Because of my baseball background, I’m sometimes invited to speak to athletes, specifically baseball players. A few years ago, I got invited down to spring training to speak to a group of minor league players for one of the Major League Baseball organizations. This was a big deal for me and I was excited to have an opportunity to speak to these guys, given that I had stood in their shoes in my early 20s. I could relate specifically to what they were going through—spring training is an exciting but stressful time, where lots of evaluation takes place and decisions are made. A number of those guys would be released (i.e., cut) by the end of spring training, so how they performed over the next few weeks would have a big impact on not only their season but also their future baseball careers (or lack thereof).

I spoke to them that morning about how they could effectively deal with the pressure of spring training and how they could handle the mental and emotional ups and downs of playing baseball in a healthy and productive way. My talk went well and seemed to resonate with the guys. After I spoke, a number of them came up to talk to me. In addition to their comments and questions about my speech, a bunch of them wanted to tell me about something that happened a few days earlier. Because I heard about it passionately from a number of different guys (and got a few different versions of the same story), I wanted to find out more about what went down, so I asked my friend and former Stanford teammate AJ, who was running the whole minor league system for this organization at the time, what had happened.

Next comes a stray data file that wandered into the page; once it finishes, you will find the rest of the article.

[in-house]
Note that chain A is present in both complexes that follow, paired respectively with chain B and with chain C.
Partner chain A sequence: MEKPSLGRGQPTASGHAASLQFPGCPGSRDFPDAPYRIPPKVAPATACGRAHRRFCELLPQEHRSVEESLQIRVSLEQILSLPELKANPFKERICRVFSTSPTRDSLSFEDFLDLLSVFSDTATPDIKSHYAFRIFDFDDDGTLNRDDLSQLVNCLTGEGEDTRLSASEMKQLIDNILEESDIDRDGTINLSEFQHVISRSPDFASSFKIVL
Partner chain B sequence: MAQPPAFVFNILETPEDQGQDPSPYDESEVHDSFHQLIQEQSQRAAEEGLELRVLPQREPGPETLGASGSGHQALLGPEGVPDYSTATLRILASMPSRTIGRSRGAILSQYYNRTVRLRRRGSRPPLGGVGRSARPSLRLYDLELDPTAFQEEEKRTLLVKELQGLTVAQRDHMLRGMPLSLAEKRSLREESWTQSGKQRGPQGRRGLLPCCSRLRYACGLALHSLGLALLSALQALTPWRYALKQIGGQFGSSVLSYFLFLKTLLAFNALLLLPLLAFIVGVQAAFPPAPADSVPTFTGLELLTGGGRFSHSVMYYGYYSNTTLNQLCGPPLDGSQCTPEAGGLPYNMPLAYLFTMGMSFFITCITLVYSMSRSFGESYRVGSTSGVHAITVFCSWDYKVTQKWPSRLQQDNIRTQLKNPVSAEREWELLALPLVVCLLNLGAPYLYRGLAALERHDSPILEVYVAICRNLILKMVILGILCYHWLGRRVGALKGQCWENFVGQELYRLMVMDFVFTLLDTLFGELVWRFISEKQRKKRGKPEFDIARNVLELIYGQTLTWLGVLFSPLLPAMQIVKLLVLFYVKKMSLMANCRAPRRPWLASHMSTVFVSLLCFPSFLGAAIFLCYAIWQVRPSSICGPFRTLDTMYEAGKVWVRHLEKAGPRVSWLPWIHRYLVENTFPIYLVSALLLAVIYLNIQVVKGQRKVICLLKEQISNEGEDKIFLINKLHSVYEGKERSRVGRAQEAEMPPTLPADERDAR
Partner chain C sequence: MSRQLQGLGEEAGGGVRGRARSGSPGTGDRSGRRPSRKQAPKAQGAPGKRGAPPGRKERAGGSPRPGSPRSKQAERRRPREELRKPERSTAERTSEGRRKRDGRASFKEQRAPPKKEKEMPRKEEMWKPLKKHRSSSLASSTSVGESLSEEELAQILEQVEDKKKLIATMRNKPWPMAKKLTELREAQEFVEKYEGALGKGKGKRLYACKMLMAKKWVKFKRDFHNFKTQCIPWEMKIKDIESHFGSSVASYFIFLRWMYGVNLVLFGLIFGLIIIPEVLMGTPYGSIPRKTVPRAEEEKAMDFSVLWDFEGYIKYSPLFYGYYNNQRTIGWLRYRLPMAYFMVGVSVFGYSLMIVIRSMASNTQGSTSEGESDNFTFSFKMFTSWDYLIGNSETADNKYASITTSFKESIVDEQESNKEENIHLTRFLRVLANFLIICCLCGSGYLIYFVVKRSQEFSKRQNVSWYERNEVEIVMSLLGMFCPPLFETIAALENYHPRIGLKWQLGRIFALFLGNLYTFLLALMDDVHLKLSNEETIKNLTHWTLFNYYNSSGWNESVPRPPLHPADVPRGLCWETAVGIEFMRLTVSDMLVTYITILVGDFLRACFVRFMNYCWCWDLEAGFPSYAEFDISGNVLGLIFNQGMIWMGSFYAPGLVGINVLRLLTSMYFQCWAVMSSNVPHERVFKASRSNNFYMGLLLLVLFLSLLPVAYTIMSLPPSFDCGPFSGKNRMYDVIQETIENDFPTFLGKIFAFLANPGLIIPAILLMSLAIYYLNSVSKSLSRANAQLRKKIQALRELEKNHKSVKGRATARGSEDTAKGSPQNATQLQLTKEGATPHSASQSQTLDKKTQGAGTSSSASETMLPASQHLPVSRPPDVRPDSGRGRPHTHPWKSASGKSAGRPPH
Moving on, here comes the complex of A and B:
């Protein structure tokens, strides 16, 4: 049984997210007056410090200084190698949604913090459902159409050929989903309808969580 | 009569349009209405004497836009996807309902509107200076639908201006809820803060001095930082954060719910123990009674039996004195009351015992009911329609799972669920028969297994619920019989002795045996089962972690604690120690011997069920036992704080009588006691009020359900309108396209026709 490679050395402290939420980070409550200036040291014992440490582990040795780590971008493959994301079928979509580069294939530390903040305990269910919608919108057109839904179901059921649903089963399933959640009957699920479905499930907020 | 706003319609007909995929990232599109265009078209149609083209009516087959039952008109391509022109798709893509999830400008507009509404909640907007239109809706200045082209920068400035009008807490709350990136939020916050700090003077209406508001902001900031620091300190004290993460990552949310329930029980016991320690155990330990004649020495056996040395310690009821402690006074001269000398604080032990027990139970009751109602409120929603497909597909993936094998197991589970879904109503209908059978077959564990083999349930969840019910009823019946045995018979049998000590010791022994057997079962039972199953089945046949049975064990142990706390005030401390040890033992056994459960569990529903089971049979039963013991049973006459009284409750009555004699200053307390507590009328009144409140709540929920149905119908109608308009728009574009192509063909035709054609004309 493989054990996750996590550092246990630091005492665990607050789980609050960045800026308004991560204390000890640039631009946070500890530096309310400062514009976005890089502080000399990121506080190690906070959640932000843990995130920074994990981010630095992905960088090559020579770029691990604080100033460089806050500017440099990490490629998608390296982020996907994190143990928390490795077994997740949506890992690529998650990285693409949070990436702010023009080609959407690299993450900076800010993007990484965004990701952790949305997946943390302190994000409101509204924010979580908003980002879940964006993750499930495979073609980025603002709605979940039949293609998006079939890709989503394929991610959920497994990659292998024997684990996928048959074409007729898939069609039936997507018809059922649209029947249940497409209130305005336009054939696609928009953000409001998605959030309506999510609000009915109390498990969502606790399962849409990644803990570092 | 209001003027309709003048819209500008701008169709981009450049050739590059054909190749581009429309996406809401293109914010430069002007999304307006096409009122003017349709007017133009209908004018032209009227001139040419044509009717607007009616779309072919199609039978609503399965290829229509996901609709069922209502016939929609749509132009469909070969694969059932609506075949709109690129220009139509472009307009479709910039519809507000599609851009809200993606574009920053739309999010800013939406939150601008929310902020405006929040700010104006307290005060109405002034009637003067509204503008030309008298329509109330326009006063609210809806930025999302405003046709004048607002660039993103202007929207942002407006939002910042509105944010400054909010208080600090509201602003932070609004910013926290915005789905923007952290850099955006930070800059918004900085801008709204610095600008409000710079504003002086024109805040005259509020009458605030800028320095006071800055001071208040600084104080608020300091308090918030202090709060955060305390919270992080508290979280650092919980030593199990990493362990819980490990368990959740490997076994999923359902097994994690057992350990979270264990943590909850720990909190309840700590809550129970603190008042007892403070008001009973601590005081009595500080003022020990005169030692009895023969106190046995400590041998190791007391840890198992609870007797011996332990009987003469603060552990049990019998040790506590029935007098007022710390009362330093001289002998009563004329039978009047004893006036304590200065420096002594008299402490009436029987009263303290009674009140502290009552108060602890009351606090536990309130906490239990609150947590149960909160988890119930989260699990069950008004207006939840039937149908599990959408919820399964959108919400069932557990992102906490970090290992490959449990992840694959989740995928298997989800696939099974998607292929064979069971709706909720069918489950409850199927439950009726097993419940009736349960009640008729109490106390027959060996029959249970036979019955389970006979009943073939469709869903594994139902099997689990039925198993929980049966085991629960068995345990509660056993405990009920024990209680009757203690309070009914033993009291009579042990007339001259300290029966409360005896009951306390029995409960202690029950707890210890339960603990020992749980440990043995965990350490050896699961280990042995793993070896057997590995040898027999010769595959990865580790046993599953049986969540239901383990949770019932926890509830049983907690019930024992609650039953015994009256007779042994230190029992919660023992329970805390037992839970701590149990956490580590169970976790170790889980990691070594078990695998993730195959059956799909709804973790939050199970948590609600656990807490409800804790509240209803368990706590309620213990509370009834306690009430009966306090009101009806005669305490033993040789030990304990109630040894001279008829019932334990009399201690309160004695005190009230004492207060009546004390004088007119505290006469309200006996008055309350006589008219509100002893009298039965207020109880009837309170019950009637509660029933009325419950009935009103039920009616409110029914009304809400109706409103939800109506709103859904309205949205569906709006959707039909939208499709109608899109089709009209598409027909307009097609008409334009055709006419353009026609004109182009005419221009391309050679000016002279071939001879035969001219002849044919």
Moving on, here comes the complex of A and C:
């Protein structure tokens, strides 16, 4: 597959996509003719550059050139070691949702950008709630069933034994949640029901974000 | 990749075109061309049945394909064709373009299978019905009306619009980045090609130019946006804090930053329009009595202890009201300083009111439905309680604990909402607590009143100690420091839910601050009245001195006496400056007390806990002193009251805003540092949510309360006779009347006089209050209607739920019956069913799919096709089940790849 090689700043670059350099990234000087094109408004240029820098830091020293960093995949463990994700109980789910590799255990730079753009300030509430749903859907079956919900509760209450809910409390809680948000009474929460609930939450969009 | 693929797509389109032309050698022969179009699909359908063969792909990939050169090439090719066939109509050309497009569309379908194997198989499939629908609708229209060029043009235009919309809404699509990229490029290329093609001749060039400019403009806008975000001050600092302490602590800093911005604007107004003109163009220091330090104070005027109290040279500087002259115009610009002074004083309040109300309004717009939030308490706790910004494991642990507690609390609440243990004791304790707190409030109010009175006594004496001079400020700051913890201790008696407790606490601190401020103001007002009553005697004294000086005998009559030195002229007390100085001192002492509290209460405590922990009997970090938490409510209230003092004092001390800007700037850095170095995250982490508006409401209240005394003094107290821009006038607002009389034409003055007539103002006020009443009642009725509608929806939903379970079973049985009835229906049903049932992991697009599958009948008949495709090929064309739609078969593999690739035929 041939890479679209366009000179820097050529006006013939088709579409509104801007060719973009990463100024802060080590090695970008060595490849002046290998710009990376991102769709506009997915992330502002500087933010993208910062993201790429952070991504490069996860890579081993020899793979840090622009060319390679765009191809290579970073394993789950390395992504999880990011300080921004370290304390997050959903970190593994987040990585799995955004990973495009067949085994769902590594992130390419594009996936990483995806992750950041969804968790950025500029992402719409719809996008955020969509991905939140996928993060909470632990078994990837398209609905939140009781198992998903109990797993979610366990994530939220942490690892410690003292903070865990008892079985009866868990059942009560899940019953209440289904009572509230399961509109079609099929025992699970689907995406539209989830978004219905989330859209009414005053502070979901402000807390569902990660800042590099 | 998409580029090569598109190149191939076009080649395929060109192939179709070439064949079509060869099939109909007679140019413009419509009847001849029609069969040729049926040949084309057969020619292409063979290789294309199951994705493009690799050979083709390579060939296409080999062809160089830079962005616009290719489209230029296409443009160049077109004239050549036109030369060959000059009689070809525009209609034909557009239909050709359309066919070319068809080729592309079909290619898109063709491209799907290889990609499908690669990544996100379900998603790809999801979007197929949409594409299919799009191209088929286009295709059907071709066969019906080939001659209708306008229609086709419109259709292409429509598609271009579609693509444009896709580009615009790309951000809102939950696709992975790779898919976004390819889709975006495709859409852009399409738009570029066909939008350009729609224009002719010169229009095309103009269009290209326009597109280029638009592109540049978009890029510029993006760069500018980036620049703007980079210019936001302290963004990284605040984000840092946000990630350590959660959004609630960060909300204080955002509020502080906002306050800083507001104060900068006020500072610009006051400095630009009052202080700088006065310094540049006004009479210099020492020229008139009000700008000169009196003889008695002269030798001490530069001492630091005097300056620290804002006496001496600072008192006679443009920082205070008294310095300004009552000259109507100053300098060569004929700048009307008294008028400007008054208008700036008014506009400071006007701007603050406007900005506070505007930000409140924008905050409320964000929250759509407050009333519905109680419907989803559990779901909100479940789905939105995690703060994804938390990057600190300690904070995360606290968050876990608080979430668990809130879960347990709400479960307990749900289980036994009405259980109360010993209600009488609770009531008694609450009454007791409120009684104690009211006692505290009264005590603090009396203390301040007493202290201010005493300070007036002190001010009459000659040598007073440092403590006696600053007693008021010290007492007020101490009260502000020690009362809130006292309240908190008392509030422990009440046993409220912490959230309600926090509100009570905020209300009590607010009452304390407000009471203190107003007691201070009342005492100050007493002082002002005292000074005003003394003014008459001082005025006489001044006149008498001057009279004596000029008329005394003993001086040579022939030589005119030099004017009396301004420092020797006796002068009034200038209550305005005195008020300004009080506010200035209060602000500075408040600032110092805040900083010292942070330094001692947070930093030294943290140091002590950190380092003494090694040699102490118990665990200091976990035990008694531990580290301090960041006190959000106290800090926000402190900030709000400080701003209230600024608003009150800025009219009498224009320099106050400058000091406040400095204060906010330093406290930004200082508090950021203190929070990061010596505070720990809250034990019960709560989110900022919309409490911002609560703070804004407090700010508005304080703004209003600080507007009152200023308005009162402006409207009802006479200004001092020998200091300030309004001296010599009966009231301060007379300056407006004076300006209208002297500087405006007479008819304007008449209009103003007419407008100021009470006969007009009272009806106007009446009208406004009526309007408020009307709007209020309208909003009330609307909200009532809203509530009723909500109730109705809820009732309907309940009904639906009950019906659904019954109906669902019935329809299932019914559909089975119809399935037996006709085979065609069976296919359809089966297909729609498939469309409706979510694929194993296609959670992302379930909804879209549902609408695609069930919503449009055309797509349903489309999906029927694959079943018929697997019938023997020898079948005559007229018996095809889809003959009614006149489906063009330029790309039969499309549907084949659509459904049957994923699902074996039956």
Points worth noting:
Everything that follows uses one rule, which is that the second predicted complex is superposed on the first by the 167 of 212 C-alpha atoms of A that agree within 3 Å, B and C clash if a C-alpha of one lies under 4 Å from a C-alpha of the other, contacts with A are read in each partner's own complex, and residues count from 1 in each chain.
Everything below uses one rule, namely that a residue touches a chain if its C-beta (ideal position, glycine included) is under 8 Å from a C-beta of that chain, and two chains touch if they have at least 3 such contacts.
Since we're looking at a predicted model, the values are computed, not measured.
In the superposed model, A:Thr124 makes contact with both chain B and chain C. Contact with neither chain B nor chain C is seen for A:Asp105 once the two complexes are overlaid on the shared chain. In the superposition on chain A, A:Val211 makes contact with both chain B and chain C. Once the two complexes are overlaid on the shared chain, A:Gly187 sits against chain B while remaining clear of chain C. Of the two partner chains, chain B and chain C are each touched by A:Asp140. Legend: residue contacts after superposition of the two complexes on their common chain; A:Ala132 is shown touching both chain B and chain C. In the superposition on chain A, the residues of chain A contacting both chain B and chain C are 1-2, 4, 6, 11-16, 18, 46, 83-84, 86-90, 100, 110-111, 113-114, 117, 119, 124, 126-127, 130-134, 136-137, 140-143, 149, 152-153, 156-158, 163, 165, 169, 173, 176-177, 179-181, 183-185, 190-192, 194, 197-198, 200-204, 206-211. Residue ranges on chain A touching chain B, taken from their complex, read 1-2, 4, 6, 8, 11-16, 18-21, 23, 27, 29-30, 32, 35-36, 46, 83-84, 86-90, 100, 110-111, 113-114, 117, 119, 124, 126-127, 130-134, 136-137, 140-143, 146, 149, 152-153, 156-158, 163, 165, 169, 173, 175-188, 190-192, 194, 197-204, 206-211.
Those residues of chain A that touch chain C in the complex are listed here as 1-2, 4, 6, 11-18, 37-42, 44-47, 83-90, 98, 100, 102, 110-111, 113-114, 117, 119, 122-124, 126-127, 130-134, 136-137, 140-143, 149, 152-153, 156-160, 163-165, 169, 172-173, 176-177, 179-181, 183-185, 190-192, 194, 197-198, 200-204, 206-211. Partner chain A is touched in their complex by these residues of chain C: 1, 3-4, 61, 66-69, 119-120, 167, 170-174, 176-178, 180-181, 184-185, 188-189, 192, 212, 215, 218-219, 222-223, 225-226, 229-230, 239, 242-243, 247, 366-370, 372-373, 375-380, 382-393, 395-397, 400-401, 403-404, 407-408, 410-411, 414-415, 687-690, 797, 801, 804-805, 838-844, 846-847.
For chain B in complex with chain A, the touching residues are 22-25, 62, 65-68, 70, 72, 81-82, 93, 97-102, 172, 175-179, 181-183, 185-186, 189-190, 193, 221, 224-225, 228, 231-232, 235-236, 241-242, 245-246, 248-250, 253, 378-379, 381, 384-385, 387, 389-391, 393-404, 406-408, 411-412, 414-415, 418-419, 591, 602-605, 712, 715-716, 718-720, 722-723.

AJ told me that he had asked his coaches to introduce themselves to the players at their first all-camp meeting the week before in a unique way. Instead of them giving their résumés, he wanted each of them to tell a personal story about a meaningful moment they’d had when they were players themselves. He said it was amazing and that one of his coaches, named Alan, blew everyone away with his story.

Alan got up and said, “I played for ten years in AAA, without a single day in the major leagues.”

No one plays in AAA (which is the highest level of the minor leagues) for ten years. If you get that high up and hang around for a while, you either make it up to the big leagues, or you walk away from the game. It’s very uncommon and actually quite difficult to spend that much time at that level of the minors. Alan went on to say:

I played for a number of different organizations, but couldn’t break through and make it. Toward the end of that tenth season in Triple-A’s, I finally made peace with the fact that I wasn’t going to make it. I was disappointed, of course, but because I’d given it everything I had, and it just didn’t seem like it was meant to be, I was actually okay with it.

Once I made my decision, I called my dad because we’d been talking about my career in the recent weeks. I said to him, “Dad, I’ve decided I’m going to retire. I’m not going to quit right now because the season’s not over, but when it ends, I’m going to stop playing. Would you do me a favor, Dad? Can you come see me play one last time? That would really mean a lot to me.”

When my dad got there, I was fired up. I really wanted to play well. He was going to be in town for five nights. The first night he was in town, I came up to bat in the second inning, hit a ground ball to second base, and grounded out. When I got back in the dugout, my manager walked over to me, tapped me on the shoulder, and told me to sit down.